jalisco during the american revolution quite a few thousand slaves ran away to british line and left with the british ended up in canada and then the war of 1812 the same thing happened. britain had proved reset due to a black presence in a way that was quite unusual compared to the northern or southern united states. there was a great deal of hostility towards free blacks throughout the united states, which is one of the reasons why the whole battle over reconstruction becomes so volatile. no one knows quite what is going to be the status of these former slaves. let me ask you, perhaps it's unfair after someone just publish an 800 page but if you thought about another book or are you taking time off from writing, which would be fair enough. >> guest: i would like to do a concise history of the global aspects of the civil war.
maybe just 100,000 words. >> host: so not just britain, but the global picture of the civil war. >> guest: just to bring it into focus it would be much more as a word traditionally academic work. >> host: this to be cutting-edge because a notion now of what they call globalizing american history are internationalizing american history is now what many people are trying to do. of course it's easier said than done. you have to know historiography of many, many countries and you have to have language skills, which many american historians don't have. pretty monolingual over here. but still i think the global american civil war with ian interesting subject, absolutely. in fact, i was wondering when i read your book, you could do the same book for france. you could do the same book for russia and of course breccia
abolishes serfdom in 1861 and many other countries kept their eyes on the american civil war because it was such a pivotal event in 19th century history. >> guest: absolutely. look how they imitated the use of railways. i mean, they're a really profound effects. >> host: yeah, you could end up writing an look with ulysses s. grant to rid the world after he leaves the president the period 1877 embarks on the tour which takes into europe and the middle east and asia eventually and everywhere he is hailed as a hero. in other words, grant to mean something to people all of the world because of the american civil war. you know, so you've got a great subject ahead of you. anyway, we are not worried about amanda's next book. we are talking about her current recent book, "a world on fire"
written as crucial war and the american civil war. so it's been a pleasure talking to you here. congratulations on the book and good luck with it in thank you for writing it. >> guest: thank you for having me. >> here's a look at some upcoming book fairs and festivals over the next 10 months. on september 2nd, decatur, georgia hosts the decatur book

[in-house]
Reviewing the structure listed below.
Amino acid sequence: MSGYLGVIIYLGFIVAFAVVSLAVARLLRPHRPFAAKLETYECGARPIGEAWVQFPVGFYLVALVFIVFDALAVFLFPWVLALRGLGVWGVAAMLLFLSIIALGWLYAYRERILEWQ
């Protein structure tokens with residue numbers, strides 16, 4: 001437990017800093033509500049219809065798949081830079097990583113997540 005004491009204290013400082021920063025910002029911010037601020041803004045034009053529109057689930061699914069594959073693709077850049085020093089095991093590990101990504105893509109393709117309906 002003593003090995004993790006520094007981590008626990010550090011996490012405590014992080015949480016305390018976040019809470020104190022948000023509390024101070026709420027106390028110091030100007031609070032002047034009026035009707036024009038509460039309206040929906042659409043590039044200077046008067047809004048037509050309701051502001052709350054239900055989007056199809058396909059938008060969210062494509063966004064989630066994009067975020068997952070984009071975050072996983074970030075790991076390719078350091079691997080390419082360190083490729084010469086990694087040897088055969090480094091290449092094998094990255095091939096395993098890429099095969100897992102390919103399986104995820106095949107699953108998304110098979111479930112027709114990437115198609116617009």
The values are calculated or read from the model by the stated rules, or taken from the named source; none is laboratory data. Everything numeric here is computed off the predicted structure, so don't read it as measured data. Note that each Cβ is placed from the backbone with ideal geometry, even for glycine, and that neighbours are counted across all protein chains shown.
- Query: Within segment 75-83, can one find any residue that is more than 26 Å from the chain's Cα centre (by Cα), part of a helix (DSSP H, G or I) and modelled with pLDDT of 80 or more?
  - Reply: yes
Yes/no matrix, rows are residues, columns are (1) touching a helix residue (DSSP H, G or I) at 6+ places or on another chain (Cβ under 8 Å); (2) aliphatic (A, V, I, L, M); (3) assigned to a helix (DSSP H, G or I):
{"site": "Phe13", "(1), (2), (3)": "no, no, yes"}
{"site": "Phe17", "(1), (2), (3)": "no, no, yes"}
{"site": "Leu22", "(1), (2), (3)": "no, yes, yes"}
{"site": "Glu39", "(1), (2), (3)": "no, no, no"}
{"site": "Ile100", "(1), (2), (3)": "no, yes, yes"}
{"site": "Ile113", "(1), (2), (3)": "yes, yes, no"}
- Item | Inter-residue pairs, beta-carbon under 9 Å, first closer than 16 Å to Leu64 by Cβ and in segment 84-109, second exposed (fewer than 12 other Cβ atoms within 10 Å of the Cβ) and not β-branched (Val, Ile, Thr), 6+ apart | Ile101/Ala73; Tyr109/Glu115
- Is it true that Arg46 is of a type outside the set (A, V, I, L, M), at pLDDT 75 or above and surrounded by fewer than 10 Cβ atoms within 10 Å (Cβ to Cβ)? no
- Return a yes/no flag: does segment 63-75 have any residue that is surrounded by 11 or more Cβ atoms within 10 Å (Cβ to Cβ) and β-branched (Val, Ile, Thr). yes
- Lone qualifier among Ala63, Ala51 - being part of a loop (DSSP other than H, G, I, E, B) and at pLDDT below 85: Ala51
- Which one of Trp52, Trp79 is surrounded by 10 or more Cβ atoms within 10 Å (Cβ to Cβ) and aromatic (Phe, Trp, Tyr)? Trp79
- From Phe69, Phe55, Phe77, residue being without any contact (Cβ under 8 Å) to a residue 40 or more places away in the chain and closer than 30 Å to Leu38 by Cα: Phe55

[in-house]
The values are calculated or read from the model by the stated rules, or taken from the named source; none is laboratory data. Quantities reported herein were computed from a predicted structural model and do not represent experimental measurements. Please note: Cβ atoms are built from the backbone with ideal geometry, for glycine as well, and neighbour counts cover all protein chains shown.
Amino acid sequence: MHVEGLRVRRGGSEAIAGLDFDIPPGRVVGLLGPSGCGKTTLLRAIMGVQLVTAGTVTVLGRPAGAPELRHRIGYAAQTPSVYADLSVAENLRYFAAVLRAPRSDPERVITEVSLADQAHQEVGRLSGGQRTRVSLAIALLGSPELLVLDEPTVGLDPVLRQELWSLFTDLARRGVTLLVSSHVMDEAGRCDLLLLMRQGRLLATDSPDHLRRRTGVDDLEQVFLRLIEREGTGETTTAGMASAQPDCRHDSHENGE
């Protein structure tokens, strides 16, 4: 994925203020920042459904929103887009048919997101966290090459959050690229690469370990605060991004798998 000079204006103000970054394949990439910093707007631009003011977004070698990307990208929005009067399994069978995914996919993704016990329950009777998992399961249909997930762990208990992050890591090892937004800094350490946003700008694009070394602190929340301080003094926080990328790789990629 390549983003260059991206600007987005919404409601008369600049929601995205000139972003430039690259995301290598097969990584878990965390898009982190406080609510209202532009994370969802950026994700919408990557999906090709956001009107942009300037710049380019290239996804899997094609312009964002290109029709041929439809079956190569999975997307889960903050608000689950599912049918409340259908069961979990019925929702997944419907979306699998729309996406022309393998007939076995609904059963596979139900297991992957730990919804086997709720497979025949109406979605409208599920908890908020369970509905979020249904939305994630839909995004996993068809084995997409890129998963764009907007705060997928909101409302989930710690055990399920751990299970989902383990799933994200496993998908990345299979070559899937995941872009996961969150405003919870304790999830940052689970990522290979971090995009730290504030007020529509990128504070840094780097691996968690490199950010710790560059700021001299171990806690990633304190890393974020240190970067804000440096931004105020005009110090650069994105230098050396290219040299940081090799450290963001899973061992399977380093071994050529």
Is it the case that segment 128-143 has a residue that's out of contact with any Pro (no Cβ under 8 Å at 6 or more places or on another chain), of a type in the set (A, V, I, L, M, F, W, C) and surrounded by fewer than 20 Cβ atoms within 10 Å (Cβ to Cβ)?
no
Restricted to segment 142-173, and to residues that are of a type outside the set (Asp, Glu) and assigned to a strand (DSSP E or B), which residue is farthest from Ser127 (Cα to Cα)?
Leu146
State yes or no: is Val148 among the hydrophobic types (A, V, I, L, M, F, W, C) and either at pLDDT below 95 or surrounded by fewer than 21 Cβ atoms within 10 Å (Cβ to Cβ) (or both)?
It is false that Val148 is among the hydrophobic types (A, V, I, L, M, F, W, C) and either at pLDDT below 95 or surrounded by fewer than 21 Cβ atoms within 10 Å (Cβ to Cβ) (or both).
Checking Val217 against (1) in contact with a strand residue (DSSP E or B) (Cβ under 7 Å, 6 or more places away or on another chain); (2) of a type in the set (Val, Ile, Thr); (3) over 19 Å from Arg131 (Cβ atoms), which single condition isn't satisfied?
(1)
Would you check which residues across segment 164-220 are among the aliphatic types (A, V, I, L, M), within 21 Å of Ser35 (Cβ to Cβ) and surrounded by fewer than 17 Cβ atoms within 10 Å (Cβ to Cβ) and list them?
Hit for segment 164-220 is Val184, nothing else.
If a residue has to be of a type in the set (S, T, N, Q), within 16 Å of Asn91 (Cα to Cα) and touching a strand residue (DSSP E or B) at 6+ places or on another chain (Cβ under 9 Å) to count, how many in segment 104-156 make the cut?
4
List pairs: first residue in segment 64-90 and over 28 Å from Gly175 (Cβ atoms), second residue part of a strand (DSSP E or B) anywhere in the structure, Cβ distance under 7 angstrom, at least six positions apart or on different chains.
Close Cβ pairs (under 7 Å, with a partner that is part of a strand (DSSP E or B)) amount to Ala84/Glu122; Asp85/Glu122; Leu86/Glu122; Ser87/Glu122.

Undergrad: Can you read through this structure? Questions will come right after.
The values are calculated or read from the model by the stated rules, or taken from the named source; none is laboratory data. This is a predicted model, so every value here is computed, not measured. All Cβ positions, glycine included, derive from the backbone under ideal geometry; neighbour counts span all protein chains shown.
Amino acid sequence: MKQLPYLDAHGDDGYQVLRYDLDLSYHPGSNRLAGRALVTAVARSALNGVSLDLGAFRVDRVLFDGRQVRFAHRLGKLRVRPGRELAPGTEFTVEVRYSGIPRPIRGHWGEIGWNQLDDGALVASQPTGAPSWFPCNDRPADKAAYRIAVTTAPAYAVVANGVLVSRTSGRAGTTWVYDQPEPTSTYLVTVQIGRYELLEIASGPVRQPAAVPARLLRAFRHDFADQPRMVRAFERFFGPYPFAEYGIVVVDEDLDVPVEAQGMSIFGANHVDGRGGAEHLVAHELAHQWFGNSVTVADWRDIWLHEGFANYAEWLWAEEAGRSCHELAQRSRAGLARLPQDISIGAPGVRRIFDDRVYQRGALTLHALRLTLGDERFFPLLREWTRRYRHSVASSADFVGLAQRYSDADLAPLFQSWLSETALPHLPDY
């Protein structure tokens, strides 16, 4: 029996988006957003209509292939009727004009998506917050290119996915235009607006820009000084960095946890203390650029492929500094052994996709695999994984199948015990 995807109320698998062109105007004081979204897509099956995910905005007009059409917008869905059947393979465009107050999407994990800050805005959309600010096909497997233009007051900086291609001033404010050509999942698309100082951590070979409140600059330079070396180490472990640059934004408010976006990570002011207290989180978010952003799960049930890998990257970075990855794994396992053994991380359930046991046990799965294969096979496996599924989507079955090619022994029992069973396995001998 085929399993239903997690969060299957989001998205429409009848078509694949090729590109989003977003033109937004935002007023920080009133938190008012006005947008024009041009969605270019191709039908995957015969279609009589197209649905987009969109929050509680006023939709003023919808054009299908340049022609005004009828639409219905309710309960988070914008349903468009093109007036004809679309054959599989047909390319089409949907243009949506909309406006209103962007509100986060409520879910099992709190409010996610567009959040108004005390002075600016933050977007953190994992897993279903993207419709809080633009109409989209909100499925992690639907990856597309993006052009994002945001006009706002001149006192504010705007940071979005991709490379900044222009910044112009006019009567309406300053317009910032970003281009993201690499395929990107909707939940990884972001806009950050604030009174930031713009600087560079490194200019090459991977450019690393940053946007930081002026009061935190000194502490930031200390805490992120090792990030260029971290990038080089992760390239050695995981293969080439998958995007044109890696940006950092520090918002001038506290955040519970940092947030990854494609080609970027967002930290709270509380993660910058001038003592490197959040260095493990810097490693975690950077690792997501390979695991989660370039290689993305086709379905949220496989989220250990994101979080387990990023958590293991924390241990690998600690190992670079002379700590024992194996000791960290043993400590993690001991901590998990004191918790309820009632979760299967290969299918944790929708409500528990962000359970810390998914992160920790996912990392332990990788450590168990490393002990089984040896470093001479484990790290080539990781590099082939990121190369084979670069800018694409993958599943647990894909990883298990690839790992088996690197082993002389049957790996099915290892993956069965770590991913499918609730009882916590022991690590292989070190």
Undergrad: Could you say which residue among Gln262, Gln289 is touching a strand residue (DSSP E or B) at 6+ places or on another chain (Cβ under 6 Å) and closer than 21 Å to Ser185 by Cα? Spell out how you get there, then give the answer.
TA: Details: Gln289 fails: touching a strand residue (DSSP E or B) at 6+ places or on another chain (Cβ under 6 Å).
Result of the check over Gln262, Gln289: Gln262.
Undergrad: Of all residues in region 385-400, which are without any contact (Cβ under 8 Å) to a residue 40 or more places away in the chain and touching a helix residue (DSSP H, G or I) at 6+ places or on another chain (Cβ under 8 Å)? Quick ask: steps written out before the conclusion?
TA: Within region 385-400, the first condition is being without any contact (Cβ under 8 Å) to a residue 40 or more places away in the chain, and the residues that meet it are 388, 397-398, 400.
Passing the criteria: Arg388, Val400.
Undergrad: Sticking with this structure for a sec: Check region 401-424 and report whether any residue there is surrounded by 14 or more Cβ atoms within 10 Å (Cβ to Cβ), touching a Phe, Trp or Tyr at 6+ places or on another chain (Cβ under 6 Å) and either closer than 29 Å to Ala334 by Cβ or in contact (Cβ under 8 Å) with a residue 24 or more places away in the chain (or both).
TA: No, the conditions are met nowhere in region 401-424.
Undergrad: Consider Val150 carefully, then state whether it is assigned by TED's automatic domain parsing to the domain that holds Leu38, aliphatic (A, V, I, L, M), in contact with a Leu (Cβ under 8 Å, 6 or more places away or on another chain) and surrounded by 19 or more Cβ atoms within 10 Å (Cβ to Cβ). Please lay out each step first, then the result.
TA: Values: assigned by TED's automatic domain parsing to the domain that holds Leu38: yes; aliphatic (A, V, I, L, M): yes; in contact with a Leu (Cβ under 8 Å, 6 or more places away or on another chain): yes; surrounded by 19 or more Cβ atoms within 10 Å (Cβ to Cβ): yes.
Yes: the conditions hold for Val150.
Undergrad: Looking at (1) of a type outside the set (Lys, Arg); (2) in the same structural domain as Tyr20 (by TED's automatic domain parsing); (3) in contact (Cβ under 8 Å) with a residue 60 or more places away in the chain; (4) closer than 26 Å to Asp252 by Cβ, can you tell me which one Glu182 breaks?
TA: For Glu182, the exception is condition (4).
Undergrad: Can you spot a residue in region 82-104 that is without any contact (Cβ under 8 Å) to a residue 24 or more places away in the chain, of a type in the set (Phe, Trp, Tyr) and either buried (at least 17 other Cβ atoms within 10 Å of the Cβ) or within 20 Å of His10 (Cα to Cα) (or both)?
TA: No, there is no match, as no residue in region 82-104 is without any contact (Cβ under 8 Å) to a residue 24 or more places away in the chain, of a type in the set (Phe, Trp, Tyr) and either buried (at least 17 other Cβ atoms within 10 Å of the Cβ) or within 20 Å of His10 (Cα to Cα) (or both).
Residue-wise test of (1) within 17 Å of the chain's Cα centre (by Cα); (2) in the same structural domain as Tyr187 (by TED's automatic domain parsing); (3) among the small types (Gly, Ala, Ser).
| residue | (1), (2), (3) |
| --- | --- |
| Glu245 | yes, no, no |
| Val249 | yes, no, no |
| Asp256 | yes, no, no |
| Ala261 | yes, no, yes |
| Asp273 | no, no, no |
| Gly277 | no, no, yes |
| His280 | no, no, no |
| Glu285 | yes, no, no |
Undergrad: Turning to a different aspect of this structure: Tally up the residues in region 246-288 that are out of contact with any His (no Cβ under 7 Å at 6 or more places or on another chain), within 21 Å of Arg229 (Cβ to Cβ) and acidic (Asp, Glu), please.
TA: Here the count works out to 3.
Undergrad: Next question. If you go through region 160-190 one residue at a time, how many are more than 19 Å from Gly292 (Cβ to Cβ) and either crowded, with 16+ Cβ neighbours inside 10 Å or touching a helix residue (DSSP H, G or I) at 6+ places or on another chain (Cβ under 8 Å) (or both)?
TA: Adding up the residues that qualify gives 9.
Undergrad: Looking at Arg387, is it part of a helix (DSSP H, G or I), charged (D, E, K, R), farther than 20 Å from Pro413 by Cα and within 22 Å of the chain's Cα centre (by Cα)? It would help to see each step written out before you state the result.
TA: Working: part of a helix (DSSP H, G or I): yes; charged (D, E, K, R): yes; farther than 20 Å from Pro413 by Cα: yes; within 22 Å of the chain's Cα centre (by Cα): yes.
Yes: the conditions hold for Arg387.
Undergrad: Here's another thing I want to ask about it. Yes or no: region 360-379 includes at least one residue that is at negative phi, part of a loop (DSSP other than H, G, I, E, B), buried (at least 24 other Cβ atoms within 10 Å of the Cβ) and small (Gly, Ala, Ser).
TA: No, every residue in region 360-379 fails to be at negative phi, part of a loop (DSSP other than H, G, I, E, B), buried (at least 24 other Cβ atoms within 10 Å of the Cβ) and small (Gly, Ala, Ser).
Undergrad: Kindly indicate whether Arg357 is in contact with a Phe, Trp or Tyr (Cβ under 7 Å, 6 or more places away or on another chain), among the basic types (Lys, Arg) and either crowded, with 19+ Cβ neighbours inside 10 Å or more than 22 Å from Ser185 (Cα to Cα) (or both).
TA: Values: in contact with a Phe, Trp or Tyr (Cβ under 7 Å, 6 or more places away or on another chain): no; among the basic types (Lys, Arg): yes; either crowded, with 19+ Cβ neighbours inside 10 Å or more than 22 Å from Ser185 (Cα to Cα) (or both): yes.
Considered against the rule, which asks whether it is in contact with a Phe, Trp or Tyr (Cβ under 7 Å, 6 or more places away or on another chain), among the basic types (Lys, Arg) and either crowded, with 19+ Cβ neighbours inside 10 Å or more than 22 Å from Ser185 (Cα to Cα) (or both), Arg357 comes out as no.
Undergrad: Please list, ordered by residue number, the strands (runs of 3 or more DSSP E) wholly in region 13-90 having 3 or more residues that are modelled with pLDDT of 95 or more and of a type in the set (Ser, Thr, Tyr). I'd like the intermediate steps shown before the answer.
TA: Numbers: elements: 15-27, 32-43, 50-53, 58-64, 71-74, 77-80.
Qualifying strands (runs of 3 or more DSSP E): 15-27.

festival. the brooklyn book festival begins on september 15 >> warty reading this summer? booktv wants to know. >> i just finished reading decision points by president bush. it was good. i enjoyed the conversational tone that he tucked in describing his presidency and the events -- the big events like 9/11 and some other of them
that were part of his eight-year presidency. i'm in the process of getting to karl rove's new book as well as paint polson's new book. i don't know that anything has had more of a lasting impact on what we are talking about today and what happened a couple years ago with regard to the mill town. i think reading secretary paulson's new autobiography would be enlightening. i've gotten pretty frustrated with him by the end of this time the secretary, but i want to give him the benefit of the doubt and see his side of the story since he was there front and center and all the discussions. i am also reading a new book that and the injuries as a local alabama author wrote called the final summit because it is an
inspirational journey. he takes real people from the past, winston churchill, abraham lincoln, john navarre on the george washington carver and he leads them in a fit tisch's way, that using real-life exam does to inspire people to be better the tears and andy is a personal friend. i also just finished rereading of my favorite book of all time and that is harper lee's "to kill a mockingbird." she is not only a friend, president of my district, but is someone that has touched the world. i think it's second only to the bible in terms of the most number of copies printed in the most number of languages around the world. so every year and point she read "to kill a mockingbird."